15. února 2024
A collection like the Cullen Collection could have originated only in the very specific atmosphere of the turn of the 1980s and 1990s, the era of the melting of the political ice and the unprecedented openness of the West towards Eastern Europe. Its London sell-off promised to be one of the events of the year.
The Cullen Collection embodied the completely unique phenomenon of overseas collecting focused on the Czech inter-war avant-garde with a special emphasis on surrealism and imagination. Its owners, Texas billionaires and patrons Roy and Mary Cullen, started building it enthusiastically in the early 1990s. Their inspiration was an exhibition of Czech modern art from between 1900 and 1945, organised by the Museum of Fine Arts in Houston in the autumn of 1990.
“We were inspired by the pioneering Czech Modernism exhibition organised many years ago by the Museum of Fine Arts in Houston. It served as a guide when we started our own collection according to our taste and feeling,” says Mary Cullen on the beginnings of the family collection. They very enthusiastically created and cultivated their collection for another quarter of a century. They made frequent trips to Prague, “which had just started to wake up from its communist-era isolation”, and visited local personalities, art historians and important exhibitions such as the Toyen retrospective organised by City Gallery Prague in 2000. The Cullens turned their attention to the entire spectrum of Czech surrealism and Group 42 and their collection was far from limited to just the key names of the known representatives active in France. They were able to appreciate a host of interesting and quality works on paper; small sketches by Wachsmann, Muzika, Bílek, Hudeček and Pravoslav Kotík; Karel Teige’s collages; and period bibliophilic editions and magazines.
This passion for overseas collecting was driven, according to Mary Cullen, by admiration and fascination over “how many artists, even in the worst times, can rise above adverse life circumstances and create something beautiful.” And like any “orthodox” collecting activity, based more on internal motivation than on the wallet, it led to the making of many trans-Atlantic friendships and connections. After one of the spouses, Roy Cullen, administrator of the Quintana Petroleum Company empire, died at the age of 84 in April 2014, the family decided to close this chapter and dissolve the collection.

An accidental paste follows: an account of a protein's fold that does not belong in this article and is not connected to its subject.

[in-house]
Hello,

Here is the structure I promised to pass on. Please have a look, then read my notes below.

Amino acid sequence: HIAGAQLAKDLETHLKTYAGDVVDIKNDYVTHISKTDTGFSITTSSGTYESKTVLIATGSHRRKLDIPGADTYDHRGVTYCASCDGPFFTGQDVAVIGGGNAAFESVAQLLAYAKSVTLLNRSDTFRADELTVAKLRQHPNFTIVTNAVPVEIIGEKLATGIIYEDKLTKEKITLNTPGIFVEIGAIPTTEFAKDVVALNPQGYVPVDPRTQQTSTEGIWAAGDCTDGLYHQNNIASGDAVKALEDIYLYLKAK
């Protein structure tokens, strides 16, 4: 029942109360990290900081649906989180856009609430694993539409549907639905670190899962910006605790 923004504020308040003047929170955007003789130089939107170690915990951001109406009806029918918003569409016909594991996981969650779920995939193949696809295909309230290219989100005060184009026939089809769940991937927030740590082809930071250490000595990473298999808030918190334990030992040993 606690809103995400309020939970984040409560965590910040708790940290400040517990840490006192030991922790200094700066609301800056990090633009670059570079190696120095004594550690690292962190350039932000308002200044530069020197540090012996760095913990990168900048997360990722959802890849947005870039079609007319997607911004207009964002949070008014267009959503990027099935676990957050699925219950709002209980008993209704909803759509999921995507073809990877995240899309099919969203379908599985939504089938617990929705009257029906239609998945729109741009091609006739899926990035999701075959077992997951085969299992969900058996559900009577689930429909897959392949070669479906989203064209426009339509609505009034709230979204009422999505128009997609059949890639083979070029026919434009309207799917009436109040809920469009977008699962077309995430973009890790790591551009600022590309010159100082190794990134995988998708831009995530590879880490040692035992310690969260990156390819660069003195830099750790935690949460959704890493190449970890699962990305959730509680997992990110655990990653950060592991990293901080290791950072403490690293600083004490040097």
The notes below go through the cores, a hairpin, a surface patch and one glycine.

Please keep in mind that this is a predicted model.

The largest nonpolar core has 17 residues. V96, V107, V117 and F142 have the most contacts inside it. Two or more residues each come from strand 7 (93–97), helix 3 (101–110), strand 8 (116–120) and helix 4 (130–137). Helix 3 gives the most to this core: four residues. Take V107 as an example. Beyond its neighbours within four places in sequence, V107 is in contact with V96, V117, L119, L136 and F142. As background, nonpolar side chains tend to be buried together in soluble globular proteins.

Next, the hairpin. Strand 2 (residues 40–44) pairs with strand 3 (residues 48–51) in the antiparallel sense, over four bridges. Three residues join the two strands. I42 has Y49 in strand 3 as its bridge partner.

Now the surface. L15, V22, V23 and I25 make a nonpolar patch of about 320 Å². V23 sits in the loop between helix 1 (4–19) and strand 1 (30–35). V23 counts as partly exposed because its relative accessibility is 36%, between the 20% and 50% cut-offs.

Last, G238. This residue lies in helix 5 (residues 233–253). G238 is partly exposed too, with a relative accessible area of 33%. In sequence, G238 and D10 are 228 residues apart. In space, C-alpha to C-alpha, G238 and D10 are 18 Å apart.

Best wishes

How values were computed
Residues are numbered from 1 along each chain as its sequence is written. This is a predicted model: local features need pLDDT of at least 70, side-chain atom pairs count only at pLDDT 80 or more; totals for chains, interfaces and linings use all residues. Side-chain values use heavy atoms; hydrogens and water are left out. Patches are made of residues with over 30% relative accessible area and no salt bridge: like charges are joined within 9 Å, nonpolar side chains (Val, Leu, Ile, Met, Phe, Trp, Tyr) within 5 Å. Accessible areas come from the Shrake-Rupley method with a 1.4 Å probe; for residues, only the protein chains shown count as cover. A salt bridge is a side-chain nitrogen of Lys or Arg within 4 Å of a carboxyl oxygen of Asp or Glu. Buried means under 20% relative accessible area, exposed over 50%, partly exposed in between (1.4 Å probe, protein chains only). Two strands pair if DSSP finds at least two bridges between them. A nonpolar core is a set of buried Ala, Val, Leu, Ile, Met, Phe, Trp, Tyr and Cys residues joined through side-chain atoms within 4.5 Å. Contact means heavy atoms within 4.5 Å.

Sotheby’s jumped at the opportunity to offer almost 130 works from the Cullen Collection in the European and primarily Czech environment. Aware of the great success and response provoked in the local audience by the June 2011 Hascoe Collection auction and the limited opportunities on the local market, and a hunger for art with a seal of foreign provenance, it had almost disproportionately high expectations for the auction from the very beginning, as well as in terms of price, which did not really reflect the current situation on the Czech market nor the increasing insight of local buyers with regard to the bidding process.
The auctioneers’ highest hopes were placed on the key item of the collection, the locally well-known 1936 canvas The Message of the Forest by Marie Čermínová (Toyen). The work, whose acquisition was very much desired by collectors, had a daring pre-auction estimate of 700,000–1,000,000 pounds sterling (CZK 32–46 million after additional fees). If it sold, even at the lower end of its pre-auction estimate, it would be the world’s most expensive work by the artist and rank among the five most valuable works of Czech art sold at (contemporary) auction.